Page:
Special to the Westerly
Boat building here on the coast goes back many centuries.
The Nuu-chah-nulth people have traditionally crafted dugout canoes to travel up and down the coast, and far offshore when fishing, sealing and whaling.
Their fine craftsmanship carries on today. The seaworthiness of these canoes persists as evidenced by the annual paddle—most recently in July 2018—from Hesquiat down the West Coast, handling heavy seas and dangerous crossings like the Nitinat bar. This year, the paddlers met in Puyallup Washington to celebrate their successful journeys and proud traditions.
Many settlers who came to the West Coast travelled in, and fished from, dugout canoes. Others built their own boats or hired local builders to craft their vessels. Some boat builders were self-taught. Some learned through apprenticeship.
Ucluelet was the home of the Shimizu Brothers Boat Works. Kyuroku Shimizu came to B.C. from Japan. By 1922 he had built a home and a boat-building business at Port Albion, at a spot soon known as Shimizu Bay. He and his brother built wooden fishboats, including the Groom 1, Groom II, and the T.S. In 1930 they built the Miss Ucluelet for Kyuroku’s own use. In 1932 they built the 37-foot Thoroughbuilt for Walter and George Saggers. George fished out of Ucluelet with her until selling her in 1973. As of 2018 the Thoroughbuilt is still afloat.
The members of the Shimuzu family, along with many of our west coast citizens, were forced from their homes and interned during the Second World War. The government confiscated most of their belongings, including their boats and wood working tools. This mistreatment of the Japanese Canadian citizens remains a blot on this country’s history.
Up in Tofino the Wingen family owned the Tofino Boat Yard. They built their first boat, suitably named the Tofino, in 1918 for the Stone family. They expanded the business in 1929, renaming it Wingen Shipyard. Over the years it was run by Tom Wingen, his son Hilmar, and grandson Bob. The Wingens were known as innovative perfectionists. They built fish boats, launches and tugs. A few of their many Tofino boats were the Stone brothers’ Anglo Canadian, Joe MacLeod’s troller the Loch Monar, and a Catholic Mission boat called the Ava Maria II. Their Ucluelet boats included Alan Baird’s troller the Hi-Yu, Bud Thompson’s Sharlene, and George Hillier’s seiner the Manhattan II. George was a loyal Wingen customer; they also built his 48-foot seiner the Hillier Queen.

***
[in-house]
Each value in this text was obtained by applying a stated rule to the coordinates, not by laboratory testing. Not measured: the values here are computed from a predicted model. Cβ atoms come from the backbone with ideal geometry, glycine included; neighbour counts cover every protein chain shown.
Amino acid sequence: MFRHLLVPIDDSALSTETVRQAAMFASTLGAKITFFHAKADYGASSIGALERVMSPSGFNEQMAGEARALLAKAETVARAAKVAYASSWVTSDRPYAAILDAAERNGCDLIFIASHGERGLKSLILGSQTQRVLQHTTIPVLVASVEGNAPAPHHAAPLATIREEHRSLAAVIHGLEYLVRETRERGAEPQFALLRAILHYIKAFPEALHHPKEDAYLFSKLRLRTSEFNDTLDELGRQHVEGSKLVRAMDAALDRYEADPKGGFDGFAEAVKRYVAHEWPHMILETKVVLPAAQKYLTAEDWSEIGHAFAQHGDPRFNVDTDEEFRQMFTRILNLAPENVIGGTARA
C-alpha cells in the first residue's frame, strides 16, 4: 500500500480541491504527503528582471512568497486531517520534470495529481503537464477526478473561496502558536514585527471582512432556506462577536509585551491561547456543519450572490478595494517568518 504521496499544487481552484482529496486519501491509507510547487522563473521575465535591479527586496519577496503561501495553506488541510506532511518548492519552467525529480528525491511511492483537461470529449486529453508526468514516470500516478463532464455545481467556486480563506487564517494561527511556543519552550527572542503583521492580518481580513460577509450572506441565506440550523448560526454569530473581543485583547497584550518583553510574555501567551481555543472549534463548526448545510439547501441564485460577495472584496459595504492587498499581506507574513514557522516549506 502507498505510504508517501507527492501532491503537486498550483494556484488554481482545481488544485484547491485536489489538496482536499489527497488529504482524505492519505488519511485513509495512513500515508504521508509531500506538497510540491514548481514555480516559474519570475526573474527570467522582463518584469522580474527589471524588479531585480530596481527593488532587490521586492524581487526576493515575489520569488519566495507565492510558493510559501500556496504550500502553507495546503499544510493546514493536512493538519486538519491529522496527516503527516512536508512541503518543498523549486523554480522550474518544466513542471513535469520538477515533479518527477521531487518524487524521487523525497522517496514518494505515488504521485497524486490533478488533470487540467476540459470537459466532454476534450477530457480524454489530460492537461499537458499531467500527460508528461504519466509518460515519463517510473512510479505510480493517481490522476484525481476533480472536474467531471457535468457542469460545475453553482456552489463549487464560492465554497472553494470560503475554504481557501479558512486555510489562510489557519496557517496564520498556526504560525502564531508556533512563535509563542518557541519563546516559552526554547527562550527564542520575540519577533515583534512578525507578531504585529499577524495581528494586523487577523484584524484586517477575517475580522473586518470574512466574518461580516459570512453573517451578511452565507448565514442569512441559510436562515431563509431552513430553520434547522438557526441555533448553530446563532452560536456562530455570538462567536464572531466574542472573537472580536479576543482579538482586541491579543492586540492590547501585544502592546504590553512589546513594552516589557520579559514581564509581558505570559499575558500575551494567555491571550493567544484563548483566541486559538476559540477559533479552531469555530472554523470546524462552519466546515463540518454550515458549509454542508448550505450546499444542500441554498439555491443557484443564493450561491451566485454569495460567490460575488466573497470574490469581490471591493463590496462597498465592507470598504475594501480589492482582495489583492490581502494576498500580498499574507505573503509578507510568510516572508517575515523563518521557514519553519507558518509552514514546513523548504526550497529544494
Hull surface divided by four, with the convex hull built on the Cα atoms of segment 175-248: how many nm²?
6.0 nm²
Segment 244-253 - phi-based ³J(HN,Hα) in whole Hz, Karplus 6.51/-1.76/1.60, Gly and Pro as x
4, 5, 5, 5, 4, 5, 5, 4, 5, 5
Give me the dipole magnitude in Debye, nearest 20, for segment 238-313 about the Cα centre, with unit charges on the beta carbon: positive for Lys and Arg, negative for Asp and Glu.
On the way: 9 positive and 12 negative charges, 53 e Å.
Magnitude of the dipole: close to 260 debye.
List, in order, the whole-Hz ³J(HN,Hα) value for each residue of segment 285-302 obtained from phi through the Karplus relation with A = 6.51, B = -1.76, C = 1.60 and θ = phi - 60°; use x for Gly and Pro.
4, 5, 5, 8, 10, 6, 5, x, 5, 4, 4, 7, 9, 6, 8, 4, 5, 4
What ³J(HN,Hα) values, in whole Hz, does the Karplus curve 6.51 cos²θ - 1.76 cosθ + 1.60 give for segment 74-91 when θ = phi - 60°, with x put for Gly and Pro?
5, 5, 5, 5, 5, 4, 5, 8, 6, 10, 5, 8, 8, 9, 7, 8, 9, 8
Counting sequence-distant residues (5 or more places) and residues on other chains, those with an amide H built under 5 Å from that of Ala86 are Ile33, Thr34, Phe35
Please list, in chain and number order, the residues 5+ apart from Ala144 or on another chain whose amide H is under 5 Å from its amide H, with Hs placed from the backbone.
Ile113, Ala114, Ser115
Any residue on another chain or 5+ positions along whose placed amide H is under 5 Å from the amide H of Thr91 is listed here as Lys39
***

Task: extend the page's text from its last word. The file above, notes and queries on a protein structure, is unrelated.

My dad built his first troller in the 1920s. In 1945 he chose Wingens to build him a 46-foot troller, the Casey B—named for my parents’ initials, KCB.Dad sold her when he returned to logging; a new owner renamed her the Seabeam. Some say changing a boat’s name brings bad luck. The Seabeam collided with a Russian freighter in 1971 out on the Big Bank. She underwent repairs and as of 2018 is still afloat. Like the Shimizu family, the Wingen family built boats to last. At the bottom of Fraser Lane, Jack Thompson efficiently repaired boat engines in his small machine shop. The business changed hands numerous times; Pete Hillier ran it for years. There were add-ons to Jack’s original building. It now houses a whale-watching business.
Adjacent to the site is Ucluelet’s present day boat builder, Pioneer Boatworks. Proprietors Eric Caswell and Bonnie Gurney have been in the business for thirty years, offering services they jokingly refer to as a “shave and a haircut”. But Pioneer Boatworks goes way beyond that. They don’t just scrape barnacles from hulls, paint with copper, and install sacrificial anodes. They cover the gamut, from maintenance to major boat repairs, to complete rebuilds on a bare hull. And the cozy store provides a gathering place to sit and chew the fat about all things nautical. The west coast tradition of a love for boats continues.